The words used in S. 44 (1) of the VAT Act (above) are clear. It provides interalia that where a person is entitled to a refund as a result of a decision of the High Court, then the Commissioner shall pay interest at the rate of two percent per month compounded on the tax to be refunded. The provision does not require the court to make an order awarding interest on the refund. Furthermore, it appears to me that the use the word “shall”implies that the payment of interest is mandatory.
Counsel for the defendant submitted that the heading of S.44 provides for interest on overpayments and late payments and therefore, the applicant cannot claim interest on the refund by virtue of this section.
It is now an established principle of statutory interpretation that headings are no more than a mere guide to the contents of the part of the sections that follow (see DT Dobie & Co Ug LTD V Customs & Excise  504 at 507 and Halisbury’s Laws of England 4th Edition Vol. 44 (1) at Para 1411) . From the authorities above, they cannot override the clear and unambiguous words of the statute. I therefore find that the words in S. 44 (1) of the VAT Act are clear. They provide that where one is entitled to a refund on the basis of a decision of the court, the Commissioner shall pay interest at the rate of two percent per month compounded. It follows that the applicant is statutorily entitled to interest at the rate of two percent per month compounded on the refund.
With regard to the period for which interest is payable, the act is silent. The question for determination by the court therefore is when does the interest under S. 44(1) of the VAT Act become payable. According to Lord Denning in the case of SEAFORD COURT ESTATES LTD V ASHER  2 KB 481, he held that
“Whenever a statute comes up for consideration, it must be remembered that its not within human powers to foresee the manifold set of facts which may arise, and even if it were, its not possible to provide for them, free from ambiguity…AJudge believing himself to be fettered by the supposed rule that he must look at the language and nothing else, laments that the draftsmen have not provided for this or that, or have been guilty of some or other ambiguity. It will certainly save the judges trouble if Acts of Parliament were drafted with divine pre-science and perfect clarity. In the absence of it, when a defect appears, a judge cannot simply fold his hands and blame the drafts man. He must set to work on the constructive task of finding the intention of Parliament and he must do this, not only on the language of the statute, but also from a consideration of the social considerations which give rise to it and of the mischief which it was passed to remedy and then he must supplement the written word so as to give force and light to the intention of the legislature. That was clearly laid down by the resolution of the Judges in Heydon’s case and is the safest guide today…we do not sit here to pull the language of Parliament and of Ministers to pieces and make nonsense of it. We sit here to find out the intention of Parliament and of ministers and carry it out and we do this better by filling in the gaps and making sense of the enactment than by opening it up to destructive criticism.”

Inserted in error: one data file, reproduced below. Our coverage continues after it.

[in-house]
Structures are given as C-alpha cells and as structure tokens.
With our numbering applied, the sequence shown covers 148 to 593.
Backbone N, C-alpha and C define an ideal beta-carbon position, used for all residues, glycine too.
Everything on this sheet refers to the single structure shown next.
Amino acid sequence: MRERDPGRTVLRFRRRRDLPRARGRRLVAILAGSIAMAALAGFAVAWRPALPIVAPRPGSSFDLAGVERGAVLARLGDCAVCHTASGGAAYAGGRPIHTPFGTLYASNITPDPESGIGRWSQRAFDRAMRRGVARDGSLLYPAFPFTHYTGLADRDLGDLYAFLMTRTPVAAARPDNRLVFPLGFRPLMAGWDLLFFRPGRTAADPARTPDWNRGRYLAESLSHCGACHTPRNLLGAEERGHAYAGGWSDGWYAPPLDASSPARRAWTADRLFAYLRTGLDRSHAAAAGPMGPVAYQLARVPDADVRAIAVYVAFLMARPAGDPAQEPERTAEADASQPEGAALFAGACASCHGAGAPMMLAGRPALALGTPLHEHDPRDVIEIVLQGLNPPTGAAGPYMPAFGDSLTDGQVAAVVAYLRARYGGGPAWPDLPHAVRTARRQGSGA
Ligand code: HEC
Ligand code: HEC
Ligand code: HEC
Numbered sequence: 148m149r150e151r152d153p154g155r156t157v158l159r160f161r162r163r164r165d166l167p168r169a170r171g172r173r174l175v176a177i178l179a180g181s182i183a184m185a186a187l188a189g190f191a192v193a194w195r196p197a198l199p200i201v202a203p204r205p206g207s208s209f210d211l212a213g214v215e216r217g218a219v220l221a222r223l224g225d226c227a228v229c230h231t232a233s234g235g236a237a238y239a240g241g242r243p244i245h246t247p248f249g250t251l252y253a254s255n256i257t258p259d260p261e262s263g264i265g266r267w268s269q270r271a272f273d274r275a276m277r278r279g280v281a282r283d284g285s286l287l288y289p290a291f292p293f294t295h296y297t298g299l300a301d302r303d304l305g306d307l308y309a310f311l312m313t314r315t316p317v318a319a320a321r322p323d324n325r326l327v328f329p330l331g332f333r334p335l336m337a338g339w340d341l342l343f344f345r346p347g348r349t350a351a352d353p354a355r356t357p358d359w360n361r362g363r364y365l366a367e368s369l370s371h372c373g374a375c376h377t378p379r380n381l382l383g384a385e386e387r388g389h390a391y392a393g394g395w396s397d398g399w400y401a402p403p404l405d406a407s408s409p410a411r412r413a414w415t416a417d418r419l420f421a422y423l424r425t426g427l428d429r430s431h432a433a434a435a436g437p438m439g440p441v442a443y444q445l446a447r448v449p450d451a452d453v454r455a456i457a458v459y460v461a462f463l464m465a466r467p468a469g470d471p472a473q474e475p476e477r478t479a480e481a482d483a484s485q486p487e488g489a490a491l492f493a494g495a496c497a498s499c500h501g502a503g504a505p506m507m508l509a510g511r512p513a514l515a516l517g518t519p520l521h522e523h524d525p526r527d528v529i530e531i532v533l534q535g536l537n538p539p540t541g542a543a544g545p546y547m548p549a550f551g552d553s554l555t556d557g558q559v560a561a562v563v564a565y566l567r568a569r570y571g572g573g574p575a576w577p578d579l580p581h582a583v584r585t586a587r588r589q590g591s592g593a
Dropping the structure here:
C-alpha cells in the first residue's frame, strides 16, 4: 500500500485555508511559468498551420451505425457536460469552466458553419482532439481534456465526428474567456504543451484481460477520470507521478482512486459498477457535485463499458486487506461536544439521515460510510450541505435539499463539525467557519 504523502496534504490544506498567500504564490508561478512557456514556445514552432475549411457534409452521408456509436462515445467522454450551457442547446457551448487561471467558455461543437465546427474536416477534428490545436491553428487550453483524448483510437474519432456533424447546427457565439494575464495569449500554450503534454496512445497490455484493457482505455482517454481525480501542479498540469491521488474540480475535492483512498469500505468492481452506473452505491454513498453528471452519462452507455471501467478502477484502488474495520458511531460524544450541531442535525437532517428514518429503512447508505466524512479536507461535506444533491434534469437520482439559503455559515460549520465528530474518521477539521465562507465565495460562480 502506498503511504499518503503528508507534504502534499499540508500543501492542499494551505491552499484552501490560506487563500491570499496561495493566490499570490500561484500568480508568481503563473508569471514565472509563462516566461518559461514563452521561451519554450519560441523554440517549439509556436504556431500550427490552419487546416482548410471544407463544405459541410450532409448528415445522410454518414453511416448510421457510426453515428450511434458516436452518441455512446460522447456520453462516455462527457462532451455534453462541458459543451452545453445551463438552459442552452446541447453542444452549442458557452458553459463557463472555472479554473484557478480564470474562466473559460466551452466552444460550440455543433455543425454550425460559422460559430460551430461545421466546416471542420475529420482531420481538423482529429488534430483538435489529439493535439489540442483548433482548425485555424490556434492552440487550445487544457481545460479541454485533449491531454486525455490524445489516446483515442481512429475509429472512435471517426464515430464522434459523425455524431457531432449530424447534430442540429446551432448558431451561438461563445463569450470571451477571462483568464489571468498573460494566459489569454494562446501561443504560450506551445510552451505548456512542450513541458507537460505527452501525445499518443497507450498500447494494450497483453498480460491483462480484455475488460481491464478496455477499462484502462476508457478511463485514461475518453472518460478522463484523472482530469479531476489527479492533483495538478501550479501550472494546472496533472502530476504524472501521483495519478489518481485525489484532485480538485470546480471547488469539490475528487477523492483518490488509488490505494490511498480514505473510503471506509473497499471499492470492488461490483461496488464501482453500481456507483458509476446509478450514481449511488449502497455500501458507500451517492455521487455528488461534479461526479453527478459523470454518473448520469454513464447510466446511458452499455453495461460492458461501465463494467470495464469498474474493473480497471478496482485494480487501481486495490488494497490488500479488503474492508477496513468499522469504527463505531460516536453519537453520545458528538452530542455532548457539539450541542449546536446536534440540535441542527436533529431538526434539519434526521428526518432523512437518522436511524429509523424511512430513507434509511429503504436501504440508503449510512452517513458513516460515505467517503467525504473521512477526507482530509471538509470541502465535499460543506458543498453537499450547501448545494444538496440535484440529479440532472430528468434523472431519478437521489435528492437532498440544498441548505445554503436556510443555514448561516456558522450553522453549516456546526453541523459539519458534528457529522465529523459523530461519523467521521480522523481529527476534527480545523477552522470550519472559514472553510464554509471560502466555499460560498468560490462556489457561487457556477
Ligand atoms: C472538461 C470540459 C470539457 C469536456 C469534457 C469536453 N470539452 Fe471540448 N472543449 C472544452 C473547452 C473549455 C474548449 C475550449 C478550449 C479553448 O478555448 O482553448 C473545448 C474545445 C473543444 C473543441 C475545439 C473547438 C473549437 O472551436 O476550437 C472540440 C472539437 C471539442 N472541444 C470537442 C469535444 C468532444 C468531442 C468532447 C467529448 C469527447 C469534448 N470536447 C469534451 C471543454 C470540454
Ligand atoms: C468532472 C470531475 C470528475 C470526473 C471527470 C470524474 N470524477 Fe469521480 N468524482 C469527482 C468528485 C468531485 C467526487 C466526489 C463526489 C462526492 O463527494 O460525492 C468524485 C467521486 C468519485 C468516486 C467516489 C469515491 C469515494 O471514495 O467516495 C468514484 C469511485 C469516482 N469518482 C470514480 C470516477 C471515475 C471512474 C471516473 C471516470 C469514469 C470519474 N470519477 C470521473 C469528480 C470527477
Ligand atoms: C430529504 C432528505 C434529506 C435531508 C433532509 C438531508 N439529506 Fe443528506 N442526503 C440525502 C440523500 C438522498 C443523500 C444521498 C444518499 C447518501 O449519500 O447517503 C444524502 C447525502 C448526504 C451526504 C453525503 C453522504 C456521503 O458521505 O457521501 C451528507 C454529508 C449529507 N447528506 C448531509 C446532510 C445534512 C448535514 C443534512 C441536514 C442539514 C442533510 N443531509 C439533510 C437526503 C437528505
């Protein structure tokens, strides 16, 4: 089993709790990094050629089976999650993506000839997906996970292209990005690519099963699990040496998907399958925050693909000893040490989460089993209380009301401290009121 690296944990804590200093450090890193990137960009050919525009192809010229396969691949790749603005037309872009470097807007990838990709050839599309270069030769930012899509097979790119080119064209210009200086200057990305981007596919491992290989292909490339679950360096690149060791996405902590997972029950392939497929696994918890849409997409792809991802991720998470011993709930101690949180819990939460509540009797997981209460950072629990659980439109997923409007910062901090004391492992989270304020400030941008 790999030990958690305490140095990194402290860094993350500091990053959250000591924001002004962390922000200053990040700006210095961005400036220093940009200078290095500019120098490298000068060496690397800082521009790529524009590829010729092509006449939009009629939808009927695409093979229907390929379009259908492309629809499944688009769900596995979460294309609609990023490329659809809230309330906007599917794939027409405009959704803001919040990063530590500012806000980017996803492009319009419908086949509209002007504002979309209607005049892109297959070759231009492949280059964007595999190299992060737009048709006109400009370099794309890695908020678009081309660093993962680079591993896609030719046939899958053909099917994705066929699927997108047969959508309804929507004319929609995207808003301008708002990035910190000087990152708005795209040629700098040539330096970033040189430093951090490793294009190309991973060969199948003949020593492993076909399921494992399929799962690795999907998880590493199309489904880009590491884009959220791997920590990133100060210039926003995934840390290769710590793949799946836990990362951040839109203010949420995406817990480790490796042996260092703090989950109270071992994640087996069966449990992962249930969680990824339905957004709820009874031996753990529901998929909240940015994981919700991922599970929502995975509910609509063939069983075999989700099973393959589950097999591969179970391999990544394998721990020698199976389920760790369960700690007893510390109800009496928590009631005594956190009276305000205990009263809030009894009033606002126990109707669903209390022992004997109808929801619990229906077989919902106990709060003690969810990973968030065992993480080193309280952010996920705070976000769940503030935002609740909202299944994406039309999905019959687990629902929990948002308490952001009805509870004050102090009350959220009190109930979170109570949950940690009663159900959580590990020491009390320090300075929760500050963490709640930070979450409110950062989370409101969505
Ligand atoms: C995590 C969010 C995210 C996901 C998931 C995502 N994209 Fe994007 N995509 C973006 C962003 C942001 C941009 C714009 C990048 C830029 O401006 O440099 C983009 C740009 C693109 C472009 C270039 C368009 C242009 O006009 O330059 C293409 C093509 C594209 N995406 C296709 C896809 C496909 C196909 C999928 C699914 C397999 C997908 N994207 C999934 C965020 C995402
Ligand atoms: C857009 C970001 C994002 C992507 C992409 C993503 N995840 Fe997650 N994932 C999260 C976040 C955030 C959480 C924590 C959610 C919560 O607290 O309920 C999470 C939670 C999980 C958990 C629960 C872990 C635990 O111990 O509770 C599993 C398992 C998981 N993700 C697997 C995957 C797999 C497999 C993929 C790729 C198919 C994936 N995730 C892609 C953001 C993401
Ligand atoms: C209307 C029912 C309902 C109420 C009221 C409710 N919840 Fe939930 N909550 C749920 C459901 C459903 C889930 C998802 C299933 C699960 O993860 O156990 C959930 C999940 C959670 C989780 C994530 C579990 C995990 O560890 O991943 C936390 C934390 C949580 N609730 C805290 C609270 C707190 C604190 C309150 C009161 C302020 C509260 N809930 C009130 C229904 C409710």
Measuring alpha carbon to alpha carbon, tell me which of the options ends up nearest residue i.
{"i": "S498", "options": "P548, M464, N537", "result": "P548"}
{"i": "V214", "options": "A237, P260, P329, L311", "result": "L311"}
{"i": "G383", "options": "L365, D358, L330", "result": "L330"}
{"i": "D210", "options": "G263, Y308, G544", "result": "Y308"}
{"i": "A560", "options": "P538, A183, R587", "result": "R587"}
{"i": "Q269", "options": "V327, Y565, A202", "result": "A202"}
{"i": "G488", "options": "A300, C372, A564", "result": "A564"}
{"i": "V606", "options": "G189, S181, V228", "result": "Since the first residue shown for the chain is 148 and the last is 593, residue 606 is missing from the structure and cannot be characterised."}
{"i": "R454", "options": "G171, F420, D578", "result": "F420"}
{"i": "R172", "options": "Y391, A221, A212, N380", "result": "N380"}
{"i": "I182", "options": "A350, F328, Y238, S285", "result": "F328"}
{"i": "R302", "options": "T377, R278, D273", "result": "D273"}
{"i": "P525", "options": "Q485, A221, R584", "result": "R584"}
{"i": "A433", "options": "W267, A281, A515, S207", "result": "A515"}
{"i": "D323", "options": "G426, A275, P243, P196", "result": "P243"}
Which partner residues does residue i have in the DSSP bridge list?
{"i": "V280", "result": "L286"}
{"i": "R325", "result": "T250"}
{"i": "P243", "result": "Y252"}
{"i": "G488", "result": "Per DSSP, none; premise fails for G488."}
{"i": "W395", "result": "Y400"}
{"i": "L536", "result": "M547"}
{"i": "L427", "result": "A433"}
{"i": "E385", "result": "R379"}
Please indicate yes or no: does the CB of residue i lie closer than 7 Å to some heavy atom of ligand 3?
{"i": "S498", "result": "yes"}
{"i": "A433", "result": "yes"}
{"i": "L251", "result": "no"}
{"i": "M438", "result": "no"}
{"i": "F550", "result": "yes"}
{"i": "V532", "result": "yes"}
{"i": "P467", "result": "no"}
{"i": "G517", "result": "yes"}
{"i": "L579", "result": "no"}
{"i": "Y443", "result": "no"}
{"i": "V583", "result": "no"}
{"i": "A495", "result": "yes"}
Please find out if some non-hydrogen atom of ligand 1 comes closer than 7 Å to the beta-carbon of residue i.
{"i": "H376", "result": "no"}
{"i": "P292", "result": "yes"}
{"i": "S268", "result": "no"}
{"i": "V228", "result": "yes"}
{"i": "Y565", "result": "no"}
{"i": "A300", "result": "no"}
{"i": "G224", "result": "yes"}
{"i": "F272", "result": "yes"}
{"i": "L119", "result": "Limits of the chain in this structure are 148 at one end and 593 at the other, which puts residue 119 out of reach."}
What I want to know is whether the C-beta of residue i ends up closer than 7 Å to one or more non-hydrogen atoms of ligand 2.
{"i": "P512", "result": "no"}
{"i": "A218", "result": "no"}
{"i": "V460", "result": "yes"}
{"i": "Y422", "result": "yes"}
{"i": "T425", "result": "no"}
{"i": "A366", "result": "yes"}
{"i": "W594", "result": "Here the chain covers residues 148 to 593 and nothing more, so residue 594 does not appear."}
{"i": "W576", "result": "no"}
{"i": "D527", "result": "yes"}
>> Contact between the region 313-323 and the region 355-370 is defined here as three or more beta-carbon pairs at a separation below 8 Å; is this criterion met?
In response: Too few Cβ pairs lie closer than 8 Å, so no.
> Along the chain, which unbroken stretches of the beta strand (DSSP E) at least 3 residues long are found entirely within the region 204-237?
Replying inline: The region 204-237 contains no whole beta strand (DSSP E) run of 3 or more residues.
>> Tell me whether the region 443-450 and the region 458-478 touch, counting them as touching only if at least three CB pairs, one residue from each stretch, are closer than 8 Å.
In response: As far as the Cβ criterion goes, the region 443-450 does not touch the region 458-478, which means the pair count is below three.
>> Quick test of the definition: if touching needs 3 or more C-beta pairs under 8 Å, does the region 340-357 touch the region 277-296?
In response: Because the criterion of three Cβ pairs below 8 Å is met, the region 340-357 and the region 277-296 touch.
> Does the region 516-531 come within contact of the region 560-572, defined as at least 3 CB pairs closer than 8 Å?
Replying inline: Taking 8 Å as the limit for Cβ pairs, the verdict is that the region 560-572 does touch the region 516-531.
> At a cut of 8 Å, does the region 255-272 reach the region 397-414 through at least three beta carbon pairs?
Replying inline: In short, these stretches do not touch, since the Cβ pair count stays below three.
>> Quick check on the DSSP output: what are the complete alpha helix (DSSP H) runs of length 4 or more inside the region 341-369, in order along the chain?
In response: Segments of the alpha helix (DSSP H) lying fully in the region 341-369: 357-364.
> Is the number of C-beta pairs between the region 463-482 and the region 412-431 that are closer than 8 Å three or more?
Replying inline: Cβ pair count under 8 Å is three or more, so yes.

Clearly, S. 44 (1) of the VAT Act has a gap in so far as it does not provide for the period for which the interest is payable. However, the intention of Parliament in providing for the award of interest is clear. Interest is payable, as compensation to a party, who has been deprived of the use of his/her moneyfor the use or retention by one person of a sum of money belonging to or owed to another. Halsbury’s Laws of England 4th Ed vol.32 par 106 defines interest as the return or compensation.
In the interpretation of statutes, it is a principle of interpretation that other statutes in pari materia may be used as an aid to interpretation. (See HALSBURY’S LAWS OF ENGLAND 4thEd. Vol. 44(1) paragraph 1220)
I find that S. 113 (4) of the Income Tax Act Cap 340 is a section that is in pari materia with S. 44(1) of the VAT Act. According to S. 113(4) of the Income Tax Act,
“Where the commissioner is required to refund an amount of tax to a person as a result of—
(a) an application made to him or her under this Act;
(b) a decision under section 99;
(c) a decision of the High Court or a tax tribunal under section 100; or
(d) a decision of the Court of Appeal under section 101, the commissioner shall pay simple interest at a rate of 2 percent per month for the period commencing on the date the person paid the tax refunded and ending on the last day of the month in which the refund is made.”
Clearly the intention of Parliament in providing for interest in both taxing statues is to compensate one for the use of money that had been deprived of him or her and has to be refunded by the tax authority. It therefore makes sense and would amount to adequate compensation for the Commissioner to pay interest on a refund for the period commencing on the date the taxpayer paid the tax refunded and ending on the last day of the month in which the refund is made.
In the premises, I make a declaration and order that the respondent authority pay interest to the applicant at the rate of 2%p.a. compounded from the date the sum of Ushs 1,824,594349/= was collected from the applicant’s bank account (i.e. 19th November 2008) until the last day of the month on which the Commissioner URA makes the refund.
In the premises, the application succeeds and the costs are awarded to the applicant.
Justice Geoffrey Kiryabwire
Ruling read and signed in open court in the presence of;
- E. Barata for Applicant
- G. Okello h/b for Ssekatawa forRespondents
- None of the parties
- Rose Emeru – Court Clerk